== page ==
Post developed by Yioryos Nardis in coordination with Walter Mebane.
ICYMI (In Case You Missed It), the following work was presented at the 2015 Annual Meeting of the American Political Science Association (APSA). The presentation, titled “Election Frauds, Postelection Legal Challenges and Geography in Mexico,” was a part of the session “Detecting and Concealing Patterns in Data” on Saturday September 5th, 2015.
Political Science and Statistics Professor and Center for Political Studies faculty member Walter Mebane previously examined electoral fraud in Russia. Professor Mebane, in collaboration with Research Assistant Jonathan Wall, now turns his focus to Mexico and the Presidential elections of 2006 and 2012.
This new research by Mebane and Wall investigates if the numbers of casillas (i.e. ballot boxes) and votes challenged and nullified in Mexico reflect political strategies or genuine election irregularities. In the 2006 elections in Mexico, nullification petitions by runners up were filed against 21% of ballot boxes (27,109/130,788), even though only .56% of votes (237,736/41,791,322) were actually nullified. Similarly, in the 2012 elections, 22% of ballot boxes (32,151/143,132) were challenged and .38% of votes nullified (184,725/49,087,466).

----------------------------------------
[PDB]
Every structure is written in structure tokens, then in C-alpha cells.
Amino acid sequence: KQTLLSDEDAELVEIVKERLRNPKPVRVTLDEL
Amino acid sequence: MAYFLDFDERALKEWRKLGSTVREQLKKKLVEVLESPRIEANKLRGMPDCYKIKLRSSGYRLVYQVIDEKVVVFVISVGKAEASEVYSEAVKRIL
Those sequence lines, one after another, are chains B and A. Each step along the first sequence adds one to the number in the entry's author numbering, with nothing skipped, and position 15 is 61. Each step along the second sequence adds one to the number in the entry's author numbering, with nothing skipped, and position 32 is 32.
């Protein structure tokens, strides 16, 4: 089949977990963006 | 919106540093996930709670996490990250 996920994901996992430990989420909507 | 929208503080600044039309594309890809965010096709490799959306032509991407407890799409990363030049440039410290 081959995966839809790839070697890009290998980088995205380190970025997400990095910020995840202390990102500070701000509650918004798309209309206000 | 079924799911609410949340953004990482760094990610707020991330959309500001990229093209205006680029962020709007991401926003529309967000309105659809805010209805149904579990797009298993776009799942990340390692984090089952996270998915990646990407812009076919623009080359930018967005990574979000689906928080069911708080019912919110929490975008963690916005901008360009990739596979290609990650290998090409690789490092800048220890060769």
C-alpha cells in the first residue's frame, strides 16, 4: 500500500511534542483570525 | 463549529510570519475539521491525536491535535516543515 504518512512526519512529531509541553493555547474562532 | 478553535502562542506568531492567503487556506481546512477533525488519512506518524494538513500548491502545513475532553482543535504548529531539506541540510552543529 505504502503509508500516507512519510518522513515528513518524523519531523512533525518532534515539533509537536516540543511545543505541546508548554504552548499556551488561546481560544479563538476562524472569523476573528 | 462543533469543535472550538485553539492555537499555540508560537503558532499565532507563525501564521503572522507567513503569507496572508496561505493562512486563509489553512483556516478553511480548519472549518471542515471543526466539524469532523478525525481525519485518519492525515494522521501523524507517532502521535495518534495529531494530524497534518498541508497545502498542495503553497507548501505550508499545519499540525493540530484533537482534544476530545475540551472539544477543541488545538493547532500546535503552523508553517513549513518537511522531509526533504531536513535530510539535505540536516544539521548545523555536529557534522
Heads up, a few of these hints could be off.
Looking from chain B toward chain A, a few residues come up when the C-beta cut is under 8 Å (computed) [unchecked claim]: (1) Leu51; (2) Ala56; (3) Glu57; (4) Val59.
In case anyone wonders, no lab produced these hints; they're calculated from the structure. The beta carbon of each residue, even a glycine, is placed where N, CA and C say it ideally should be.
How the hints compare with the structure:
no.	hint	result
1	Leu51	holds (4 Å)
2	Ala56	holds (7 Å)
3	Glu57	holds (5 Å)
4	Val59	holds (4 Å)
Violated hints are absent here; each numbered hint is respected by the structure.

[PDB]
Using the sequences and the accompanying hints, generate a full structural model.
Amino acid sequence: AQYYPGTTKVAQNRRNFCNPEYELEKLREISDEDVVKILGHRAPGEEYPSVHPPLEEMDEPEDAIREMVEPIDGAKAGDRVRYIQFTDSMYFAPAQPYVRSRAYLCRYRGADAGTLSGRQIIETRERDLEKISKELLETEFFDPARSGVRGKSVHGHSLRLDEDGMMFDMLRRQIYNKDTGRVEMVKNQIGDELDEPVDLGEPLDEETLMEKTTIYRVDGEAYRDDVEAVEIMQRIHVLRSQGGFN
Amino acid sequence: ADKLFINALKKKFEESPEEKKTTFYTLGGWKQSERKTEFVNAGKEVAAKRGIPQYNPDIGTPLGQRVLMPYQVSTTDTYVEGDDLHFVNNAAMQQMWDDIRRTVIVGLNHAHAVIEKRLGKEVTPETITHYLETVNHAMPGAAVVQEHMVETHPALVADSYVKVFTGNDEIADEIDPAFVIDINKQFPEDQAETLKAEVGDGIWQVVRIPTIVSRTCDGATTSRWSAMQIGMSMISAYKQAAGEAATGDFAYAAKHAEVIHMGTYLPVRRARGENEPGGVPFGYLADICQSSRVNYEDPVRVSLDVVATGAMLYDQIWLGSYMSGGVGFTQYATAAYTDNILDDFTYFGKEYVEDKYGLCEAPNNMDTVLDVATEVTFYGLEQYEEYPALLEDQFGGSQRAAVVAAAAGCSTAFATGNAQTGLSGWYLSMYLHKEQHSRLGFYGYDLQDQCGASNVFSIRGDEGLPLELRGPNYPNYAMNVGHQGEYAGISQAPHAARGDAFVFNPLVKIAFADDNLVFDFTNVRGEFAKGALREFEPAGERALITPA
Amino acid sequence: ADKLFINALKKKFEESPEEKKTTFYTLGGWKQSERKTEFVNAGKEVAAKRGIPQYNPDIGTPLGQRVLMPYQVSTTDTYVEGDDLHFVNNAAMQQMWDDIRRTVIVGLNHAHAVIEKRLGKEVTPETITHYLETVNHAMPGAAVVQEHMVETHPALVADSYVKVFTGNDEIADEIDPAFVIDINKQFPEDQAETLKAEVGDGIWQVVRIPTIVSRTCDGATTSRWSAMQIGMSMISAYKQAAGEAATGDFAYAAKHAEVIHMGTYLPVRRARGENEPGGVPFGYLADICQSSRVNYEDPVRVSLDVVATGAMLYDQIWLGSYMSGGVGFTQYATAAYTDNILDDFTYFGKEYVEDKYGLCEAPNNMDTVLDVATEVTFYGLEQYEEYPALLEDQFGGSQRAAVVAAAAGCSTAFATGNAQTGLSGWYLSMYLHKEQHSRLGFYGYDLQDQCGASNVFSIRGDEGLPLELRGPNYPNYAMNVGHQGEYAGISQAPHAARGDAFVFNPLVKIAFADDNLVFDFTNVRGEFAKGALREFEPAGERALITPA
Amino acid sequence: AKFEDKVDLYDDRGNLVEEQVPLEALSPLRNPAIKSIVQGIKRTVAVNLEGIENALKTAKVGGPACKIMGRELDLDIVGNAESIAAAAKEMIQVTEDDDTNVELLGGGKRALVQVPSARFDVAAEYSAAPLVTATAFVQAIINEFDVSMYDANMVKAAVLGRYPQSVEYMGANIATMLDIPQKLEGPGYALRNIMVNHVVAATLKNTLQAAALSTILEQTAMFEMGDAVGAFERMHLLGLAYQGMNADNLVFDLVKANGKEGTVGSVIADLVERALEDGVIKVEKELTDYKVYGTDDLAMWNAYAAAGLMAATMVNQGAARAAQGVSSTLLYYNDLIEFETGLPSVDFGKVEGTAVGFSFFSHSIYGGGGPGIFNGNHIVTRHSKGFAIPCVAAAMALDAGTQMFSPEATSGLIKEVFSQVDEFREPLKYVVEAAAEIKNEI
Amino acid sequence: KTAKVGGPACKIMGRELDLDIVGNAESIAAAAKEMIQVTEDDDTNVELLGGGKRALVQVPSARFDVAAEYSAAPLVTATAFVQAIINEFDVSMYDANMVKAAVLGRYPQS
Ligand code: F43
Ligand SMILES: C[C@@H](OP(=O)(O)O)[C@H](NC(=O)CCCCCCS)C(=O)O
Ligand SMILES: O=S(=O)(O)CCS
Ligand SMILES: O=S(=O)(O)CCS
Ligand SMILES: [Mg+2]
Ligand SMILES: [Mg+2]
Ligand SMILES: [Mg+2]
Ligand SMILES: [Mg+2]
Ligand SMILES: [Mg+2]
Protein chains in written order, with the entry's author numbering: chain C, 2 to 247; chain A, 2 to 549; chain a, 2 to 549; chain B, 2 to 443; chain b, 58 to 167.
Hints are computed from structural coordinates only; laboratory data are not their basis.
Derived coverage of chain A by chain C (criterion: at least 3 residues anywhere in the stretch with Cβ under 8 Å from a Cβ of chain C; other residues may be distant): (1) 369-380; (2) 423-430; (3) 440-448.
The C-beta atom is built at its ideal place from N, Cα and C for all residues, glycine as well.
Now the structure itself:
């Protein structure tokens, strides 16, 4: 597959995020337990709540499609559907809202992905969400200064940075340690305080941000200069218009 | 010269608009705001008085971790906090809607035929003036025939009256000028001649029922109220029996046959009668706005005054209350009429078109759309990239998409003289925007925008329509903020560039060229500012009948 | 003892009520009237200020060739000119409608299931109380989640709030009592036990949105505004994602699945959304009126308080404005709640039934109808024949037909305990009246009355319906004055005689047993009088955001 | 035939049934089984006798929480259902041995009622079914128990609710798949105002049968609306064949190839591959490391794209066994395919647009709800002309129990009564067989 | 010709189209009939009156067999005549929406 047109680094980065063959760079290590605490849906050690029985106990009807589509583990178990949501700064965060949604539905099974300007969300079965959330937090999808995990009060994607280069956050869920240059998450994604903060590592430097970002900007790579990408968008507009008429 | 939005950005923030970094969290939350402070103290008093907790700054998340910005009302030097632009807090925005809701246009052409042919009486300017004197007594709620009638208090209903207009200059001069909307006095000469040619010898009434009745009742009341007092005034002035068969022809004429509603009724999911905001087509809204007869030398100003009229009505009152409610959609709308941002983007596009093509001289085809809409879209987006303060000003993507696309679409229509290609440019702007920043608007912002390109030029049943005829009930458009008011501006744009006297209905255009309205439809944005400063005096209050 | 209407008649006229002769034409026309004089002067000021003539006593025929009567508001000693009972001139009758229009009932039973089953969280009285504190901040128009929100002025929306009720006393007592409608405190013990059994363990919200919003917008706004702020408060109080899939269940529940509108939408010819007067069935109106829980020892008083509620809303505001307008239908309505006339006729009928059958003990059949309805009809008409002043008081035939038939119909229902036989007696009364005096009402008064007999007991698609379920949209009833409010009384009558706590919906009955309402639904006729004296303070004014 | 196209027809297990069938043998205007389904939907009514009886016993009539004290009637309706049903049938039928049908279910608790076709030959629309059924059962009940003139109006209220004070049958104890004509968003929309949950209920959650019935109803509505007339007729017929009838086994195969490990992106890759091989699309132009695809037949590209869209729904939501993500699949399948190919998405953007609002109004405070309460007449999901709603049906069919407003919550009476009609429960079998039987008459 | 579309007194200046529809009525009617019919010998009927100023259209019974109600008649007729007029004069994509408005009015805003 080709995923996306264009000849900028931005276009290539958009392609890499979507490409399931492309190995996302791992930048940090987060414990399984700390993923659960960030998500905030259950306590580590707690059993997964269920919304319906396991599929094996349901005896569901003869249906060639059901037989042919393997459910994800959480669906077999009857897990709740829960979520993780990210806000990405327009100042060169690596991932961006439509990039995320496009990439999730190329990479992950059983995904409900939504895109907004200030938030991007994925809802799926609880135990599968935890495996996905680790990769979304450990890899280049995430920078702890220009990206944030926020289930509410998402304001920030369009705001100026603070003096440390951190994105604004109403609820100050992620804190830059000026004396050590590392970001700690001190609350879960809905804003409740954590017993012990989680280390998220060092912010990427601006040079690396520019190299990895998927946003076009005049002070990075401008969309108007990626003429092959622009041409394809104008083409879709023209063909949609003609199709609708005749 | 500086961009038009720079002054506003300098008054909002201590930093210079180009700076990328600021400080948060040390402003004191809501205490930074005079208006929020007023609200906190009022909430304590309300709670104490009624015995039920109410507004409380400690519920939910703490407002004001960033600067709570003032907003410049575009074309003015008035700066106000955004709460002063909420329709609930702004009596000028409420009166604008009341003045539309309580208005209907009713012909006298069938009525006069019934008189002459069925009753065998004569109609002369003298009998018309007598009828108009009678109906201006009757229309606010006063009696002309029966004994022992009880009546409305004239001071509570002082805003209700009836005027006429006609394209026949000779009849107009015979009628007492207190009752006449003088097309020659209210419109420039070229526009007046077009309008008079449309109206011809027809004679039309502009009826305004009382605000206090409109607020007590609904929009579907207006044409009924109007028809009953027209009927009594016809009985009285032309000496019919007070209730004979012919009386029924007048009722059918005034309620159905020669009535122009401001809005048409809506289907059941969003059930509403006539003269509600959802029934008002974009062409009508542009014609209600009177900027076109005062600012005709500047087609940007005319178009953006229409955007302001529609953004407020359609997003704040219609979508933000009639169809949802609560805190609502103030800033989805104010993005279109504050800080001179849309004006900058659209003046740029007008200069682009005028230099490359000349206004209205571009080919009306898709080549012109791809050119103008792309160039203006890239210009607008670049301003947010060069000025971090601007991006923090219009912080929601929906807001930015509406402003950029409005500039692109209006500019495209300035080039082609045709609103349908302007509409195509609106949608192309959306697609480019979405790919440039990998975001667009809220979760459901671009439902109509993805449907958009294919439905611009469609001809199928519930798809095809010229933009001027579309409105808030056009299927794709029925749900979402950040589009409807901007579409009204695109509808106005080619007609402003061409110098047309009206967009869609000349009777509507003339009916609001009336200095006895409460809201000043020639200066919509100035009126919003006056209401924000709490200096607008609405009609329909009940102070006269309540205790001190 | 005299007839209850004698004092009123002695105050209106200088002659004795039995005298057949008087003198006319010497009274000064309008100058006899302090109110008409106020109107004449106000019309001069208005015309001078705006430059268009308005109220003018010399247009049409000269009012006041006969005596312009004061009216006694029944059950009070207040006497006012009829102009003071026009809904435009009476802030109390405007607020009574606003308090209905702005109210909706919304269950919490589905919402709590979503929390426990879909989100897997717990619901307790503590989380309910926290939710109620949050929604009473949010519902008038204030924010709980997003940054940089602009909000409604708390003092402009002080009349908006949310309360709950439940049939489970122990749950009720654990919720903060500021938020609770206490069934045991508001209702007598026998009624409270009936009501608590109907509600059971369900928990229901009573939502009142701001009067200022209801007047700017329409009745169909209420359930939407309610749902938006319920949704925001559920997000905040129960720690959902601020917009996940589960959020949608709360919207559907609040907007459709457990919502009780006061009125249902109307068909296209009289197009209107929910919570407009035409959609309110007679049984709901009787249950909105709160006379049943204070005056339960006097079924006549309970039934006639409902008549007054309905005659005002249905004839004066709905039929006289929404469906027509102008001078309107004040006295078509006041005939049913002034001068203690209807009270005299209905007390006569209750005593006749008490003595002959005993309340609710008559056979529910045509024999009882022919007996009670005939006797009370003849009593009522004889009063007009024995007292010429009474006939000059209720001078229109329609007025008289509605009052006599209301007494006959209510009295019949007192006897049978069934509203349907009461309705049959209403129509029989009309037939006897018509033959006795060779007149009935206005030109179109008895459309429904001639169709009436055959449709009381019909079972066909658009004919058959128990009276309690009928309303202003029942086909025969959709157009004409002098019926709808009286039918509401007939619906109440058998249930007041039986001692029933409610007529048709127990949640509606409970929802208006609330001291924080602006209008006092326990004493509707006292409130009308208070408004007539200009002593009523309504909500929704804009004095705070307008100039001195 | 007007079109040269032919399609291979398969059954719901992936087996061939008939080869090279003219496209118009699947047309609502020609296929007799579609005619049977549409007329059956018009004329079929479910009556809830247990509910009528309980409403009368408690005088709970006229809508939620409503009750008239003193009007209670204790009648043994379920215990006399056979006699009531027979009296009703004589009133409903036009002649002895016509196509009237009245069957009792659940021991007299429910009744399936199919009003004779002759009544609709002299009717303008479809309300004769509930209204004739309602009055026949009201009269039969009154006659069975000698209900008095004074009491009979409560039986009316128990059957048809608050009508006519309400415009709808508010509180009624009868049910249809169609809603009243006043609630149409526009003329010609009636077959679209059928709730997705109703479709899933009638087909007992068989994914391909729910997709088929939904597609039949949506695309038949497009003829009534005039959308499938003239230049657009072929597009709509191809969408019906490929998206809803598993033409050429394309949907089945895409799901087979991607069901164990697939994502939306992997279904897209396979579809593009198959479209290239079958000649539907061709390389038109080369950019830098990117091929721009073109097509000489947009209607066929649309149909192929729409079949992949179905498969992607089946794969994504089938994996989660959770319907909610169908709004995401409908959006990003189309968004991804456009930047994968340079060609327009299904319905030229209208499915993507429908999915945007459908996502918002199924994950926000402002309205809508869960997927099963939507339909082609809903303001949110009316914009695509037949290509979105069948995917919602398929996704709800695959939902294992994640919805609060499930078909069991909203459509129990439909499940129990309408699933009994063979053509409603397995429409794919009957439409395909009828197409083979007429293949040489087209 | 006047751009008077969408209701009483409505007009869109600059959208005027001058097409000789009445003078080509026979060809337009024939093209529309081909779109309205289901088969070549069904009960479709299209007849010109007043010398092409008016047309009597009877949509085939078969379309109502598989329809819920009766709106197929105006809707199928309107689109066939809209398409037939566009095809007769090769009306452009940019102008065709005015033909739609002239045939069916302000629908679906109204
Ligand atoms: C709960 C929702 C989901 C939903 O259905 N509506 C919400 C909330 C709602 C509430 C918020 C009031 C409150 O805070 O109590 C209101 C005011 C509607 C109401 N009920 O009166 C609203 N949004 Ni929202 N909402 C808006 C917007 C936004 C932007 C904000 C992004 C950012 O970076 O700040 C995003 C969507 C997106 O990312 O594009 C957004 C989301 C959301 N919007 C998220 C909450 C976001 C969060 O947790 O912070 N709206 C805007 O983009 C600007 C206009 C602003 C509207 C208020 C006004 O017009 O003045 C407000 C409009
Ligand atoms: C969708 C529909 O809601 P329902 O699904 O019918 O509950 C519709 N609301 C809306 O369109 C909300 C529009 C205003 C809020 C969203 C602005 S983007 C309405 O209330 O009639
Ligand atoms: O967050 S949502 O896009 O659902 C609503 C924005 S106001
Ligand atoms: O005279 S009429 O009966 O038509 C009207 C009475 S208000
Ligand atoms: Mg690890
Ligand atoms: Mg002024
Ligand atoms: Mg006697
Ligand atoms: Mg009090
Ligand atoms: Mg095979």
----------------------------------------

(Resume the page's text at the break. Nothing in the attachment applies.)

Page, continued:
Mebane and Wall examine how the types of nullification claims relate to ballot-box level measures of election fraud and whether the reasons cited for the challenges are uniform across the two elections and/or geography. That is, are complaints geographically clustered or does a complaint depend on geographically clustered frauds?
Ballot-box level measures of election fraud are estimated using casilla vote count data. Hotspot analysis is used to show how nullification petition challenges to casillas are distributed across geography. This technique identifies which locations have local means that are higher than the overall average values and which have local means that are lower than the overall average. A redder color indicates a cluster of locations with higher than average values, and a bluer color indicates a cluster of locations with lower than average values. Grey indicates a cluster of locations that does not differ significantly from the overall mean.